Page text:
I’m weird. I like cemeteries.
It’s not a morbid fascination with death or an interest in the supernatural and for a while, I really couldn’t explain why I liked them. But now I understand – I like them because of the stories they tell. Years ago, I purchased a book called “Stories in Stone: A Field Guide to Cemetery Symbolism and Iconography.” I learned about the meanings of many of the symbols used in funerary art and stopped there for a bit. Reading a book about it was one thing, but tromping through old burial grounds for fun would be quite another.
Years later, my husband gave me a digital SLR camera as a birthday gift – purchased with literally pennies and pocket change that we had been saving for over 15 years. So, I had this nice camera and I was looking for subjects – preferably free places, since our spare change had just been used up. The time had come…I began my hobby of heading to grave yards.
My husband, kind and indulgent soul that he is, usually comes out with me. He’s into mobilography, so there’s no fighting over the camera. What’s really interesting is how we each have a different focus, so we “read” different stories on these visits. I notice the symbolism and the art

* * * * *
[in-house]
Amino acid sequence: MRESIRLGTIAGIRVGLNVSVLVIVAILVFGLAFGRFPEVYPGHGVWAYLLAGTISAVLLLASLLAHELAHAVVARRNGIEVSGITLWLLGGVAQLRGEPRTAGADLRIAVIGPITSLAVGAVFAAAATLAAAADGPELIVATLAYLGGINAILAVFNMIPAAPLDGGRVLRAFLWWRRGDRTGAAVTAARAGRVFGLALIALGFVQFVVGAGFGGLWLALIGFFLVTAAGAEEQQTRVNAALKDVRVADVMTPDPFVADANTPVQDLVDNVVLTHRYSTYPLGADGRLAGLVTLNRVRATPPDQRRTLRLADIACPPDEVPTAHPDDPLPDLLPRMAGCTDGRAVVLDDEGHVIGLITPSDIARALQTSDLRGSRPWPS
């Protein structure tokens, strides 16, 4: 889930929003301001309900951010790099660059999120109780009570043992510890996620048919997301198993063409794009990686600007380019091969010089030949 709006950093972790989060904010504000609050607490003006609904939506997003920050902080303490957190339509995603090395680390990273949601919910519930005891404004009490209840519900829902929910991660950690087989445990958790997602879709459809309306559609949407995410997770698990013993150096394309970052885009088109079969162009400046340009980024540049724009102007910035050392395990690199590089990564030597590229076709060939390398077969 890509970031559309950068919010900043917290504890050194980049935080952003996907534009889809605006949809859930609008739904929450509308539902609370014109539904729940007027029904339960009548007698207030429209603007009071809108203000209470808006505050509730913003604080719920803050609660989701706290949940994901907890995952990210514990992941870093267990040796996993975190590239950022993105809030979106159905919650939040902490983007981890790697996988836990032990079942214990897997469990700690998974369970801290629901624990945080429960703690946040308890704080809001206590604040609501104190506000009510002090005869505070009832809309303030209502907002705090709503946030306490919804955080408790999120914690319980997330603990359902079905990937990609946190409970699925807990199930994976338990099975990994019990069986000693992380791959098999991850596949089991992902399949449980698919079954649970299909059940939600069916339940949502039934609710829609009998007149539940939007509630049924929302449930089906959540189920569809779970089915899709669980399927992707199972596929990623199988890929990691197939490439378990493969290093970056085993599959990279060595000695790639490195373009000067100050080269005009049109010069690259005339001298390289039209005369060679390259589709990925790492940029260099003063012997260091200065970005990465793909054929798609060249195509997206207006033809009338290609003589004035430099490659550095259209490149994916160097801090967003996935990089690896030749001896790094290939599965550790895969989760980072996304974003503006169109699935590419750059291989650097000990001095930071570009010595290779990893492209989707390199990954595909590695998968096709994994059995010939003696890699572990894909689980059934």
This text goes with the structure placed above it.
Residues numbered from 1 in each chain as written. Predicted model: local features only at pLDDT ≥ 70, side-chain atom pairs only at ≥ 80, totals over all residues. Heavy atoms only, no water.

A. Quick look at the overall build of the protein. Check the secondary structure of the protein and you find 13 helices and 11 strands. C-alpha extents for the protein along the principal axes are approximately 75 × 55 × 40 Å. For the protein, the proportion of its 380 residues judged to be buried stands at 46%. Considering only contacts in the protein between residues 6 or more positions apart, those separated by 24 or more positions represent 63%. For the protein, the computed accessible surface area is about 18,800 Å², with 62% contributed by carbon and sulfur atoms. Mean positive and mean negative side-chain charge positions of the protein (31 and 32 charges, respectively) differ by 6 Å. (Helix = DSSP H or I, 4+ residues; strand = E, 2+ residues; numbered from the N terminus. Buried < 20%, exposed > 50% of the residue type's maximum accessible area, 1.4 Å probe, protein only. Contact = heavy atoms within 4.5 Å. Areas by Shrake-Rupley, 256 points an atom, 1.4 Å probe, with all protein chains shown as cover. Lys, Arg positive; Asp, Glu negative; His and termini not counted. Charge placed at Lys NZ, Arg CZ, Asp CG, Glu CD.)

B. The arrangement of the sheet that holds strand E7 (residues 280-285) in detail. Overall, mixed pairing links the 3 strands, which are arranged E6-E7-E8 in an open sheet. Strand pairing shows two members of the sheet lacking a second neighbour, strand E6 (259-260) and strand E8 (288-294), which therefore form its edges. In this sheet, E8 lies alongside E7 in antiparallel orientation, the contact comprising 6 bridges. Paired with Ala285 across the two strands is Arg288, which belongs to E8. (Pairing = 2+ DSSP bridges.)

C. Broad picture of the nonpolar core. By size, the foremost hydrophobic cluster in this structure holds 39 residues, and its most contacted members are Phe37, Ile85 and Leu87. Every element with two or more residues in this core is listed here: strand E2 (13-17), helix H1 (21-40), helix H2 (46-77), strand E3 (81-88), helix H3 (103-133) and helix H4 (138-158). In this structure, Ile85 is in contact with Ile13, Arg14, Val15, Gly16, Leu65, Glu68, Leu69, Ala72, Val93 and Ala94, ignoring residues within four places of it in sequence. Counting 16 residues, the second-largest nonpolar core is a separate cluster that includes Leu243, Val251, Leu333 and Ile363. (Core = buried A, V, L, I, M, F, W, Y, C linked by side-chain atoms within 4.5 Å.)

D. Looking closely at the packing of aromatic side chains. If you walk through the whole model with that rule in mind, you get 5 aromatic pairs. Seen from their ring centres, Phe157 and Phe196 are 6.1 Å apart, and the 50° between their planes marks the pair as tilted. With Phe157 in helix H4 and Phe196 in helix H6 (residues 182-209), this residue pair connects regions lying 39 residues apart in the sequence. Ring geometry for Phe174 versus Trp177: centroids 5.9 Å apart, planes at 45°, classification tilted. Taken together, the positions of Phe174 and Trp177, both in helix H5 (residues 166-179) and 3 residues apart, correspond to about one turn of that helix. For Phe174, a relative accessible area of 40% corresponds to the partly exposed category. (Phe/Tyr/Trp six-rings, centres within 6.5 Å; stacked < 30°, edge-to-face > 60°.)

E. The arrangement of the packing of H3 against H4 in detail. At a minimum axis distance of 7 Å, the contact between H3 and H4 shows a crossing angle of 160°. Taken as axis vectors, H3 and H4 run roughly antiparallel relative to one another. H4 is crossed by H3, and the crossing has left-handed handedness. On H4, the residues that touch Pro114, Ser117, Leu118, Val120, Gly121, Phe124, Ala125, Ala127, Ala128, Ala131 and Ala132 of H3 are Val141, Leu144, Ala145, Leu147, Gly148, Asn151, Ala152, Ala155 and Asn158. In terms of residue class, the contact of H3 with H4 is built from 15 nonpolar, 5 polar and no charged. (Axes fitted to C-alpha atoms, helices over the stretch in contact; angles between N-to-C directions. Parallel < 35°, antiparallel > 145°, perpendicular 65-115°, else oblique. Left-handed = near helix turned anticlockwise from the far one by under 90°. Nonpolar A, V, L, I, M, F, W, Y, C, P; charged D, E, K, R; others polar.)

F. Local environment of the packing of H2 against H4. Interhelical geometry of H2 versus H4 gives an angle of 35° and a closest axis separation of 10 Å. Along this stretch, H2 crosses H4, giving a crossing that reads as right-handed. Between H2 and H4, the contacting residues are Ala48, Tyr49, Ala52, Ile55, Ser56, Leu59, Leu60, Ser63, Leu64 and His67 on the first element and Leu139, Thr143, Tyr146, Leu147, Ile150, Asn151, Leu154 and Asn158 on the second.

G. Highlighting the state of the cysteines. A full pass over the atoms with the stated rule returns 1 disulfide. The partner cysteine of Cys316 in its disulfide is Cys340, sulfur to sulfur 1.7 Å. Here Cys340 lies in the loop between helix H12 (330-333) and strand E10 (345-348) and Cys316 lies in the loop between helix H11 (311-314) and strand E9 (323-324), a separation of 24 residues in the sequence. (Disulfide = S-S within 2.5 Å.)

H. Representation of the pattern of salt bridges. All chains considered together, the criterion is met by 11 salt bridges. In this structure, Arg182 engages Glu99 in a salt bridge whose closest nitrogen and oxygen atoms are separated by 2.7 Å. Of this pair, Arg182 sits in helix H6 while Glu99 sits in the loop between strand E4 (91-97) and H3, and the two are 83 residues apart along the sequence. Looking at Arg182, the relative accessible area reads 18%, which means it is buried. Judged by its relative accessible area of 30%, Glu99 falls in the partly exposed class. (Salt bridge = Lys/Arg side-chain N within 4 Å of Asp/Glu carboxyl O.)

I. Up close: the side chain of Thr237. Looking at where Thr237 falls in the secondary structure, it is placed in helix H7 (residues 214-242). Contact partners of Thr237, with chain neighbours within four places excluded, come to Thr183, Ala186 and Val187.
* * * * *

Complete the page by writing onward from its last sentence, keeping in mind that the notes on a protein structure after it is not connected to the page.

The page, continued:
work and I think about what stories the grieving families, and sometimes the deceased themselves, were trying to tell. He notices the family names and dates and is able to see stories of bad years and big families.
Benjamin Franklin once said “Show me your cemeteries, and I will tell you what kind of people you have.” He understood that cemeteries tell the stories of a people, stories that remain.
- Stories in Stone: A Field Guide to Cemetery Symbolism and Iconography
- Find a Grave
- A Few of my Cemetery (and other) Photo Sets on Flickr